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4 Big Takeaways From A Launch That Did 6x Expected Revenues

A few weeks ago I created and ran a small internal launch for a side-business I’m involved in. When the launch was over we tallied up the results and realized we’d done 6x what we’d originally expected. We also had a few statistics most people would consider “impossible”, such as… 70% open rates… 71% optin […]

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4 Big Takeaways From A Launch That Did 6x Expected Revenues


How to Apply the Psychology of Persuasion To YOUR Business


Robert Cialdini’s famous book Influence: The Psychology of Persuasion is a staple of any business-oriented must-read list. You’ve read the concepts before and you’ve probably even seen the full list of principles on numerous occasions. Reciprocity, Consistency, Social Proof, Liking, Authority, & Scarcity These principles tend to dictate the way we behave in society, and […]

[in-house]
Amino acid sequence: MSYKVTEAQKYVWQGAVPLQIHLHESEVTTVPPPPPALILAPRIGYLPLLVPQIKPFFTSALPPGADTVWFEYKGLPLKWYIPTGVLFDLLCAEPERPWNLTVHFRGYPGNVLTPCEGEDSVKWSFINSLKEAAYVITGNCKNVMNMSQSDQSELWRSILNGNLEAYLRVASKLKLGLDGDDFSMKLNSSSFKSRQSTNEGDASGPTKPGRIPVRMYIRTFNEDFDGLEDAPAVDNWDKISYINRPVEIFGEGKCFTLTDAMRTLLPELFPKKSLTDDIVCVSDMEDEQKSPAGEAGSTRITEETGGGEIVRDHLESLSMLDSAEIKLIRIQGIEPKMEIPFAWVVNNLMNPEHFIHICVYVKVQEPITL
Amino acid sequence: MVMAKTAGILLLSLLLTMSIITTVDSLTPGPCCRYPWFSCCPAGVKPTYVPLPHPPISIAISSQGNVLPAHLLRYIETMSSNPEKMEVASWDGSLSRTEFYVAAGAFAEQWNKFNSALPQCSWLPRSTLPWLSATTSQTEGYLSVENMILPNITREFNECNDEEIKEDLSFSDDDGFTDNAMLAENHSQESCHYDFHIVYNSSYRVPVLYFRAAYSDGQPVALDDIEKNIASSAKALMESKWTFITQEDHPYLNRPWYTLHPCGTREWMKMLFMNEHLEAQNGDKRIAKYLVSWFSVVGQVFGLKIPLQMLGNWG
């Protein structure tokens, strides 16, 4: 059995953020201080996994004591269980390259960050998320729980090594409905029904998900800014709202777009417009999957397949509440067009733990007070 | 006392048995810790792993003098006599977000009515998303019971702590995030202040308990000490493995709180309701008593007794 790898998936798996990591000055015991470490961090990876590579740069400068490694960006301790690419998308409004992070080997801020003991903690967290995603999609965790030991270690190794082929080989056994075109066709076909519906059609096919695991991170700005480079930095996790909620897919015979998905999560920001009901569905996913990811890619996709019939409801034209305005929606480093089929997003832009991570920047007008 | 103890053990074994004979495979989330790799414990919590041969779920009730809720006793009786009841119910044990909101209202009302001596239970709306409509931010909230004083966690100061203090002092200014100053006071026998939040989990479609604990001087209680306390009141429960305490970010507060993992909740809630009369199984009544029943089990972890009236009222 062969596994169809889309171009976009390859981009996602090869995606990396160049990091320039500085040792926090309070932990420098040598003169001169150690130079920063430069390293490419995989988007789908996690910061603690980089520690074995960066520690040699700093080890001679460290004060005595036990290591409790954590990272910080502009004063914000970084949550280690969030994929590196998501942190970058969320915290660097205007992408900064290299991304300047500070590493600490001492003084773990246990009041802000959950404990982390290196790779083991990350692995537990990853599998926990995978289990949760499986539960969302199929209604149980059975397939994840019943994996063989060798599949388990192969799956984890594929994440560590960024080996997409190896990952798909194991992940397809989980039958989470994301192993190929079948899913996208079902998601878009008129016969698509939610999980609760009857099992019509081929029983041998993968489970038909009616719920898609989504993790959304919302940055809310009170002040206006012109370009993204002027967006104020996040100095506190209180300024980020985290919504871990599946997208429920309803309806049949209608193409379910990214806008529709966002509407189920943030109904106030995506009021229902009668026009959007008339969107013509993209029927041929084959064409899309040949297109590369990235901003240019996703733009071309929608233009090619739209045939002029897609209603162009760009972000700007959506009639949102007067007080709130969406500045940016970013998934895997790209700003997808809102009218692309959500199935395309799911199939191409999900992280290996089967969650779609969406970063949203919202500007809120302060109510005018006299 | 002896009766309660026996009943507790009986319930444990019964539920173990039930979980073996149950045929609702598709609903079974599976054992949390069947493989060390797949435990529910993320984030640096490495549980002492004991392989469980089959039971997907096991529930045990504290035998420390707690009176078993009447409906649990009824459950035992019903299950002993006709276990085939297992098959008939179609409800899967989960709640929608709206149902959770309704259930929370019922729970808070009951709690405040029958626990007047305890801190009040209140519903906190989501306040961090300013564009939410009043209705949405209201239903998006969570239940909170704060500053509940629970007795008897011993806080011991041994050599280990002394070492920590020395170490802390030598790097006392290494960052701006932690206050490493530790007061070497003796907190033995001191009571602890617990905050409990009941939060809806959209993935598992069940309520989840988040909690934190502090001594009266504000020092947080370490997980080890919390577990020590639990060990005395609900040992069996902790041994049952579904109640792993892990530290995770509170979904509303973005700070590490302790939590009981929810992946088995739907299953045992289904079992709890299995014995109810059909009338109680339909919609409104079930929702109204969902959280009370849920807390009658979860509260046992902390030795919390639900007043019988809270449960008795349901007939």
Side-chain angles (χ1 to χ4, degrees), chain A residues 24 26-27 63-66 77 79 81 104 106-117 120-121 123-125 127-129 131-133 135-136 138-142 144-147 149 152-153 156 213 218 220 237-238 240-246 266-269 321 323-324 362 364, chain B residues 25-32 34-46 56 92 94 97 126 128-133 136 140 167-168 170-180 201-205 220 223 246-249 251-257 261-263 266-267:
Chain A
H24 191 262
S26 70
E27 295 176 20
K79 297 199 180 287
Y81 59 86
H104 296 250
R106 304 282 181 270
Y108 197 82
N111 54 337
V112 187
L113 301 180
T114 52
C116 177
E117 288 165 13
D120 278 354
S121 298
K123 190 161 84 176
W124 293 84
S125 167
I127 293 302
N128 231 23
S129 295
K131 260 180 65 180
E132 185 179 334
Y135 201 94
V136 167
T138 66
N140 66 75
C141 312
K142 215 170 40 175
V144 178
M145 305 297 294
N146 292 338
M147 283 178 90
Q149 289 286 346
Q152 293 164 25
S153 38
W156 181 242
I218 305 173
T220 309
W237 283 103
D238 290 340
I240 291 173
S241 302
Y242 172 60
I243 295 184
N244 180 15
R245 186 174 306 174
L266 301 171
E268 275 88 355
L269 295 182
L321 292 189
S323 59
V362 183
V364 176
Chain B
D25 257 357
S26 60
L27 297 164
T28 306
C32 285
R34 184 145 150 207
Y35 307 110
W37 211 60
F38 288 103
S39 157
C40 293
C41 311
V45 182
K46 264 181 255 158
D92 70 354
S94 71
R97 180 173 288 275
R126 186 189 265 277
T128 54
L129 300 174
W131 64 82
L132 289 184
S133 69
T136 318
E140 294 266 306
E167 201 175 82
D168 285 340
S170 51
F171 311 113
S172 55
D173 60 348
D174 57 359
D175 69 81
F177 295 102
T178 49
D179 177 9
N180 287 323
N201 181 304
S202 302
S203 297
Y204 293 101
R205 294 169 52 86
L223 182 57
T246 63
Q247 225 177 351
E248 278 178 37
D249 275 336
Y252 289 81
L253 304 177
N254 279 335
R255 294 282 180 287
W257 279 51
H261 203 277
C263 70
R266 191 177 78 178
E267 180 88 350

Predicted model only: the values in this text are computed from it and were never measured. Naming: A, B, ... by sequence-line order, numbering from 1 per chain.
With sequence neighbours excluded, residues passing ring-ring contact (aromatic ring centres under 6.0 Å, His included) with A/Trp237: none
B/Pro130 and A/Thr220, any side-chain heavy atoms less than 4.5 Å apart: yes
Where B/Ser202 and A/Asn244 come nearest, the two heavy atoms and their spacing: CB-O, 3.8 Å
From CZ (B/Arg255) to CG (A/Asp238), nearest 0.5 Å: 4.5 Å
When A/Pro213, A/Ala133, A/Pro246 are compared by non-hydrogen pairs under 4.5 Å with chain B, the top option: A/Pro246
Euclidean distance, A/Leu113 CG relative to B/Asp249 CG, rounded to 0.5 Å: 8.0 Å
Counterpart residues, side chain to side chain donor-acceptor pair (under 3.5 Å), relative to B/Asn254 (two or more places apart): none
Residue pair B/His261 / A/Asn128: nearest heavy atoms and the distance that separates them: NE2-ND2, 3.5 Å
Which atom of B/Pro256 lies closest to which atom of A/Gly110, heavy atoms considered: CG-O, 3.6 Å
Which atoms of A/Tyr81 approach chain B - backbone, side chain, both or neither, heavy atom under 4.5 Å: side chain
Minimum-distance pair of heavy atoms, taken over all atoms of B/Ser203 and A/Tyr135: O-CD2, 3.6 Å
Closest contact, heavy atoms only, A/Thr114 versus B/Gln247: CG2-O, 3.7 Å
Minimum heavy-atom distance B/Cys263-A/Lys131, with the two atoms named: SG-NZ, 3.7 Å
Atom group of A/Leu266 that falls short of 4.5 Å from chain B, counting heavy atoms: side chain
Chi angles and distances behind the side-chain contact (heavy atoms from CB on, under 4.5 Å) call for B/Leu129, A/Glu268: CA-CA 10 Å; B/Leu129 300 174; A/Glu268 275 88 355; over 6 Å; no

The post How to Apply the Psychology of Persuasion To YOUR Business appeared first on The Daily Egg.


How to Apply the Psychology of Persuasion To YOUR Business


Ethical Urgency: The Conversion Optimizer’s Secret Weapon

Read that tweet one more time. The desire we want to instill in customers and the value we want to assign our products: it all comes down to urgency.

But that’s nothing new. Urgency is one of the core conversion principles relied on by marketers for more than a century. Claude Hopkins was testing it in A/B tests since the 1800s. And it still works.

Bottom line, if you’re not leveraging urgency effectively, you should start now. It’s low-hanging fruit for lifting your conversion rates.

What is urgency?

There are several definitions of urgency. Let’s look at two: